The first night I had the book, I laughed and gasped until 3 a.m. Over the next couple of days, I fell behind on writing assignments as I burned through the stories. Ann’s voice, written in pastiche of Sir Arthur Conan Doyle, lifted me into a world of early 1900’s intrigue, and I was hooked!

A great summer book, and appropriate for young readers. I may just go back and read it again!

7 Easy Steps to Bringing Flowers Indoors, Practical Gardening

Image by Margaret Rose Realy, Obl. OSB. All rights reserved.

From spring forsythia branches to fall garden mums I bring the beauty and fragrance of my garden into the house. Some arrangements are minimalistic and modern while others are full and robust, looking very much like a 16th century Dutch painting. Either way, they grace my desk, home altar, or table—sometimes I take them to a friend.

Arranging flowers cut from your garden is a time honored tradition. It’s easy once you let go of the glossy magazine images inhibiting your creativity.

1. Start by walking through the garden and cutting a few stems of green leaves, and look for flowers recently or just starting to open. See the tips and Techniques section below.

2. After you have cut your selection, begin by choosing an appropriate vase: low for shorter stemmed and smaller flowering, larger and heavy (to prevent tipping) for fuller arrangements. A drinking glass or canning jar will work perfectly fine too.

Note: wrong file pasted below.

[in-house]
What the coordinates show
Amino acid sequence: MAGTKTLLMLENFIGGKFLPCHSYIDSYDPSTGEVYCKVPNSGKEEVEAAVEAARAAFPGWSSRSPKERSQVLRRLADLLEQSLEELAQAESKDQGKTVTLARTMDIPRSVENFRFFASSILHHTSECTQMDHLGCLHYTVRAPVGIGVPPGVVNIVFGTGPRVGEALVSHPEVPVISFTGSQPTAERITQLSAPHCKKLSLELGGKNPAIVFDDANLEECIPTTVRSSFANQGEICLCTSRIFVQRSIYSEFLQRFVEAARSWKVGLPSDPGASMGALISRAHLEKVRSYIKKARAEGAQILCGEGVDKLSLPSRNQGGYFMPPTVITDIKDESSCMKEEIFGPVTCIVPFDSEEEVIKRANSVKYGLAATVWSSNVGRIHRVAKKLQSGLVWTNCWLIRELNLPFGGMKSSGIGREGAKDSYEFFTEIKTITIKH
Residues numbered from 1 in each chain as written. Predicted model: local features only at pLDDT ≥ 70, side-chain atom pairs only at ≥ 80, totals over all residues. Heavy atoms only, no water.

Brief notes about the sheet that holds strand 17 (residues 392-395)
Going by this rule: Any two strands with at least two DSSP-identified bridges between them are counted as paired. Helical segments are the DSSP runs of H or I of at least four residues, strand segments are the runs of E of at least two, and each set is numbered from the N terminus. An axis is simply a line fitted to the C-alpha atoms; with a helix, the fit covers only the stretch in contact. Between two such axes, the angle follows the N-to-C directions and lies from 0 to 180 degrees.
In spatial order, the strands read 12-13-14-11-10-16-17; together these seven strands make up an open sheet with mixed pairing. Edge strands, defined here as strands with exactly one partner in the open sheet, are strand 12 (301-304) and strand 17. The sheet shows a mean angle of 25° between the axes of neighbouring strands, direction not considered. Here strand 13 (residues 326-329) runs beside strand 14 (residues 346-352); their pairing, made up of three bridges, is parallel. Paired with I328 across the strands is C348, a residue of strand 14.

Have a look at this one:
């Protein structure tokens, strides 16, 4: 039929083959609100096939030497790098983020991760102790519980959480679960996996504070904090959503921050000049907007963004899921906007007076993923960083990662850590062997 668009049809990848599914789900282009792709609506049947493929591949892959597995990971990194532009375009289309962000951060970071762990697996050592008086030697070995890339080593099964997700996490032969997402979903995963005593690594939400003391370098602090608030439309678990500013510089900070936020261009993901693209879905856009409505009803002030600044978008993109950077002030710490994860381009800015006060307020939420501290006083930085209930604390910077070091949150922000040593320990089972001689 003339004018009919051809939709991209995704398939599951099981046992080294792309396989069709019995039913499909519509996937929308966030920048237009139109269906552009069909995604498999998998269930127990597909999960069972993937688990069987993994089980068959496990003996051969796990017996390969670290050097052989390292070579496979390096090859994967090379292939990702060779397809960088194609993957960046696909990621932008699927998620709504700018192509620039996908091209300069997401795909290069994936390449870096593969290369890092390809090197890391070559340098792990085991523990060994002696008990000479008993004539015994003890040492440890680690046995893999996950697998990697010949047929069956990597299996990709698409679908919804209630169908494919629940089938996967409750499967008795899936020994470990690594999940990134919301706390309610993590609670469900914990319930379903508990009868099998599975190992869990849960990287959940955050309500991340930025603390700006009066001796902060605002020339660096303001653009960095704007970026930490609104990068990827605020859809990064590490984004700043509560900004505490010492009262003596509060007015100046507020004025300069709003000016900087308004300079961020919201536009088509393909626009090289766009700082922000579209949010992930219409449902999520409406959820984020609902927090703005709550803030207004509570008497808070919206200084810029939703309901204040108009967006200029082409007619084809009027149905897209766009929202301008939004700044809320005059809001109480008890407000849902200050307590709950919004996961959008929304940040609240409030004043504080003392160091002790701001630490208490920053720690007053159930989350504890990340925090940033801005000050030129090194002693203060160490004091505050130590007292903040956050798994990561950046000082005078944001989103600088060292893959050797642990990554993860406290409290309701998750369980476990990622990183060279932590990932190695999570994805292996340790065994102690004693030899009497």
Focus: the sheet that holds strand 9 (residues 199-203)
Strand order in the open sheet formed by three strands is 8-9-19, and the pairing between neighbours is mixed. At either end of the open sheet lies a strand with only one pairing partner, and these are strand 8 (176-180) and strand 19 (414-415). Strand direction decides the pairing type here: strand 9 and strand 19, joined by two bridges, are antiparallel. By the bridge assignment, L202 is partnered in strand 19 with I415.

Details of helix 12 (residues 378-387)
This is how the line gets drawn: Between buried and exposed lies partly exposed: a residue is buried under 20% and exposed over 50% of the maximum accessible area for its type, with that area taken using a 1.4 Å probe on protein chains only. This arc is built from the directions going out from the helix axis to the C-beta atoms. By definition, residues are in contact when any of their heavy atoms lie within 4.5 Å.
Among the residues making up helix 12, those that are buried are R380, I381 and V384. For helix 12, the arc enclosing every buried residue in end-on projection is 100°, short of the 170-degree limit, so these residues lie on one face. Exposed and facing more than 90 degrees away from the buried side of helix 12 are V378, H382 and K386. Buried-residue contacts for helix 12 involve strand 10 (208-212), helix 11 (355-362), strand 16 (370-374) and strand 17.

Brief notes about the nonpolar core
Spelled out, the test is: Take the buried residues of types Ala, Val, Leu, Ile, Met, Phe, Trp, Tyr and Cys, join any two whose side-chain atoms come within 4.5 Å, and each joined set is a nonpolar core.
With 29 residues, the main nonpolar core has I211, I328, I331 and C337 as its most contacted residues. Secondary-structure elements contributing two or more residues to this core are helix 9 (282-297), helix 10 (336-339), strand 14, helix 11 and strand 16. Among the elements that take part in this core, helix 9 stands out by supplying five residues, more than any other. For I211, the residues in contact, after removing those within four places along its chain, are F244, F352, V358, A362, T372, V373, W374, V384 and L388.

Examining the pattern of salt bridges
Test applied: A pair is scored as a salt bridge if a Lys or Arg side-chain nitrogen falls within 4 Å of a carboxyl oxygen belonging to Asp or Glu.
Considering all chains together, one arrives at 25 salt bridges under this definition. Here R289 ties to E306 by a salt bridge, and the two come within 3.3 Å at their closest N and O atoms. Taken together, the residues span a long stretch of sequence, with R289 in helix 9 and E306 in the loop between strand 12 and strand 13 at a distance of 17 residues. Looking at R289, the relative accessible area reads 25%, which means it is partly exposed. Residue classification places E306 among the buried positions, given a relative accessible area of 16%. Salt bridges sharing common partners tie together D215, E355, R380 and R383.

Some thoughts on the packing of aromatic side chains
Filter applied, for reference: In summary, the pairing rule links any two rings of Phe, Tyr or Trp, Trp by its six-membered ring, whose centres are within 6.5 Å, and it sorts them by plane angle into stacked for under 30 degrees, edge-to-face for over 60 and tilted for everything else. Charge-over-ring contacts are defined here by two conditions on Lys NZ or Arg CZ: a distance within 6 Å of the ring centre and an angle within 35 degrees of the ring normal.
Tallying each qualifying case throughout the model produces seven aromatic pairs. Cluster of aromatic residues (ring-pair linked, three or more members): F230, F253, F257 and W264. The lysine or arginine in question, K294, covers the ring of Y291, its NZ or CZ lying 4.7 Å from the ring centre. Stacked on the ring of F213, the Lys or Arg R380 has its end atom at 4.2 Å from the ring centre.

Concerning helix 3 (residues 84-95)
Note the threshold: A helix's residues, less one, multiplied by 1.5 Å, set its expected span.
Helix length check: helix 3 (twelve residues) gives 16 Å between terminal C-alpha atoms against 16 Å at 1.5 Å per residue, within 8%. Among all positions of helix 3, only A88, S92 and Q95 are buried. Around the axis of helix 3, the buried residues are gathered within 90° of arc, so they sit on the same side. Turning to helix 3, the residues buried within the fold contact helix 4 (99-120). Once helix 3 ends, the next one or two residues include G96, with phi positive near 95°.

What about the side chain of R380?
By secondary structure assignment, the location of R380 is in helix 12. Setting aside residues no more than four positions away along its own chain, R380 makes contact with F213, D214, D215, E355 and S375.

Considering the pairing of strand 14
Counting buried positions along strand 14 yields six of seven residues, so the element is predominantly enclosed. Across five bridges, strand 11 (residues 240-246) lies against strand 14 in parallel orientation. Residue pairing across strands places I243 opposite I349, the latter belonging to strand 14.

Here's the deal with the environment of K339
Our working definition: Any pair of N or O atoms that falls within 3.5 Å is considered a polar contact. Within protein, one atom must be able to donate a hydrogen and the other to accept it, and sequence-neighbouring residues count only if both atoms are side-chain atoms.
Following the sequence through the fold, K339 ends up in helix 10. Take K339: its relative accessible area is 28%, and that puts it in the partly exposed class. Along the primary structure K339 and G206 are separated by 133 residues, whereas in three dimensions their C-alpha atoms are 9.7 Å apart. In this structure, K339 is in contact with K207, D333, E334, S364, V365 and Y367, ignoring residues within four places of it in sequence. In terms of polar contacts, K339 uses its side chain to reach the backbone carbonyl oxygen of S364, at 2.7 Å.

3. Determine if you will view only one side of the arrangement or see it all the way around. Most arrangements are one sided, using fewer flowers.

4. Start your arrangement by “greening the vase.” This builds the foundation that holds the flowers in place.  Select ferns, hosta, tender branches or any combination of interesting leaves. If cutting branches, be sure you practice proper pruning to prevent an unsightly bare spot on your shrub. Let some of the greens drape over the edge if desired. Strip leaves from portion of stem that will be under water.

5. Next place your featured flowers at differing heights. This could be an arrangement of three large roses, a few stems of snapdragons or cone flowers. A good rule of thumb is for the arrangement’s proportions to be 1/3rd vase and 2/3rds flowers.